Message for the second Sunday in the season of Epiphany,
Based on Isaiah 6):1-6 ‘Arise, shine your light has come’
Matthew 2:13-23 ‘The flight to Egypt’
Opening Prayer: Holy, gracious, and amazing God, may the words on my lips and the thoughts and feelings we carry in our hearts, our minds, and our bodies, may all of it be acceptable in your sight as we reflect together on your holy Word for us this day. Amen.
In keeping with a new year and a new season in the life of the church, our scripture readings this morning offer us vivid images of hope for a new day, for new relationships, and for new leadership emerging.
In the Isaiah reading, in particular, the poetic imagery seems to almost vibrate with hopeful encouragement.
For those first listeners now returned to their beloved Jerusalem, up to their elbows in the hard work of re-entry and re-integration after 40 years of living in exile, such hopeful encouragement would surely come as good news!
Also called ‘The Song of Triumph for Zion’, our reading from Isaiah evocatively outlines a promise-filled future: a time when relationships between sons and daughters, even entire nations making pilgrimage to Jerusalem, the Holy city, would be restored to one another and to God.
The reading tells us further that Jerusalem, herself, will also experience restoration, thanks to the abundant resources pilgrims and foreigners will bring.
This theme of restoration and reversal of fortune is repeated again in our responsive psalm as the hope for a new and different kind of leadership emerging where justice will flourish and peace abound into perpetuity.
And then, picking up from where we left off last week, we have our gospel reading from Matthew. Here, this morning, we discover that the Wise Men’s intuitions about King Herod’s ill intentions are proven right.
In between hearing the story of the Holy Family’s flight to Egypt and then two years later, their safe return to their homeland, we come face to face with the darkly brooding heart of King Herod.
King Herod, a leader so obsessively threatened by the birth of God’s Glory in a stable at Bethlehem, that he commands all male children under the age of two be put to death. This has come to be known as The Feast of the Massacre of the Holy Innocents in the Catholic Church. Usually celebrated on the last Sunday in December, its a story not often heard in United Church services.
Whenever it might be heard, it is a deeply disturbing story. Heard in tandem with our reading from our other readings this morning, it seems particulary jarring juxtaposed as it is over and against those more hope-filled and encouraging images. That said, we would do well to remember this: Our stories from our scripture texts are always full of struggle!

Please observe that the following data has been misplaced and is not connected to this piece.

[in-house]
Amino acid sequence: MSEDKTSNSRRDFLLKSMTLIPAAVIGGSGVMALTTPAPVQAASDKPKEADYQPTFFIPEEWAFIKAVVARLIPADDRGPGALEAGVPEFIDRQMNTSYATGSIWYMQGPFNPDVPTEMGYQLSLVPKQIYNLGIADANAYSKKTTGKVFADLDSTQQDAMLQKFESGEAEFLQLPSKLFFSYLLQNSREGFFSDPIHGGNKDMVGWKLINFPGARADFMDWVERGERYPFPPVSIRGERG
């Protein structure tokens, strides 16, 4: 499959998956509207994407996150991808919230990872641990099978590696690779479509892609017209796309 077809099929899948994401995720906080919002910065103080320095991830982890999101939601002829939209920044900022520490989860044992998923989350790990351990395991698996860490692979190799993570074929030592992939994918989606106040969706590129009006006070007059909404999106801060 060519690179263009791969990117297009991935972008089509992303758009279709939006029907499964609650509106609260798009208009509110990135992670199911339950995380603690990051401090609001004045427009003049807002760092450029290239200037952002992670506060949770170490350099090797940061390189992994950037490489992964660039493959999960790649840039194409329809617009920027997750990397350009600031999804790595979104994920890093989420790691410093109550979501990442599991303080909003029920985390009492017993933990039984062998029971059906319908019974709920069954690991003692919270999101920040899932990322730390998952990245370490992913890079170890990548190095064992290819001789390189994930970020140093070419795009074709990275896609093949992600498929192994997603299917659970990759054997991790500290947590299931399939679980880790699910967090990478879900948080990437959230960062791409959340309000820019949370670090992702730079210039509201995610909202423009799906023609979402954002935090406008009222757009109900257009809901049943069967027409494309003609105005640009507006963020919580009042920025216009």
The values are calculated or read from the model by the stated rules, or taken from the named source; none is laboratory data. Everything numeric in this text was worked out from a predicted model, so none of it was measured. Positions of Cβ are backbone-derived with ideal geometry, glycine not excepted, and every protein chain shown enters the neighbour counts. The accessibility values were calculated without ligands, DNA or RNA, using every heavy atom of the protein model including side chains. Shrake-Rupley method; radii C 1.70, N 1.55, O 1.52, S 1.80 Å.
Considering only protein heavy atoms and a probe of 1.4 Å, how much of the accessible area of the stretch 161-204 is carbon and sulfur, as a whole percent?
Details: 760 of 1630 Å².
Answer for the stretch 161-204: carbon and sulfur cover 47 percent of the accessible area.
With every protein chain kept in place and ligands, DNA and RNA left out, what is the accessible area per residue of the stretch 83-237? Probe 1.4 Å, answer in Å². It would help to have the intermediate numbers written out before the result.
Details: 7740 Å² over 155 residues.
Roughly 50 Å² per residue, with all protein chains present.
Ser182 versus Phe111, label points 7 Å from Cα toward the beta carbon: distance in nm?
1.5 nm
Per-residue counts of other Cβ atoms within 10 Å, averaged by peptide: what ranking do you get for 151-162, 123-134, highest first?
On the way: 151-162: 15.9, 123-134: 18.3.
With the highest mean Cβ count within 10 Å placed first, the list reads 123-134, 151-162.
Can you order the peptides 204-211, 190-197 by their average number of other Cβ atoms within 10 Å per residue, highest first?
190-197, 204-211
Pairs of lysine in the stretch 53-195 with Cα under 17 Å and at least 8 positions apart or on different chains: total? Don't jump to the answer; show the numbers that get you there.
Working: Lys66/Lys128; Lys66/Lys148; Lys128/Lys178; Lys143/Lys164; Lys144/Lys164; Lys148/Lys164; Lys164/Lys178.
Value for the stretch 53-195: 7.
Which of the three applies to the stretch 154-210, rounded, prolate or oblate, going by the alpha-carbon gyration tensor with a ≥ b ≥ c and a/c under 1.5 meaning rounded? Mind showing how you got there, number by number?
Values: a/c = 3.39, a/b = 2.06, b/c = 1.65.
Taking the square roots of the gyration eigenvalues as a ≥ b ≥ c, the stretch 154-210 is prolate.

In this particular vignette from Matthew’s gospel, it is hard to dress up the story of the baby born in the manger into a soppy and sentimental tale that is so often promoted in tandem with the festive season.
This morning, we are reminded that, in this particular set of readings from Matthew, that the Nativity story is a story about a refugee family on the run from the malevolence and hatred prevalent at the time.
Unpleasant as this might feel for those of us still basking in the positive energy of the festive season here and now, our scriptures this morning remind us that faithful living is not for the faint of heart. Nor should it be.
Faithful living in Jesus' day and in our own context is not for the faint of heart.
As well, the good news of God’s glory being born at Bethlehem is also a story about the gift of God’s immeasurable vulnerability set over and against the peril of our all too human need to exert or maintain power, whatever the costs.
The hard work of faithful living is to hold in tension the 'both/and' nature of God’s vision of Shalom.
The hard work of faithful living is to know that the world we hunger and long for, the world where God’s abundant grace and inclusive and radical love is lived out in every aspect of everyday life-where everyone’s basic needs are sufficiently met, though available to most of us sitting here is at the same time a vision of life that lies just beyond our reach of so many of our sisters and brothers, right here in this very community.
Still, I am reminded, like those first listeners to Isaiah some 2500 hundred years ago, we are called to be hopeful in our own ever changing context: hopeful for opportunities to be about restoration and renewal both with and beyond our walls.
At the same time, we are called into the stewarding of the gift of God’s light in the various new expressions of ministry being born in our midst this very day.
As the season of Epiphany continues to unfold, as we continue to wrestle with our own light and dark impulses; and as our faith is shaped and informed by our stories from Scripture, let us remember to listen for God’s call, and to embrace the discipline of letting our lights shine for all to see!
May it be so, amen.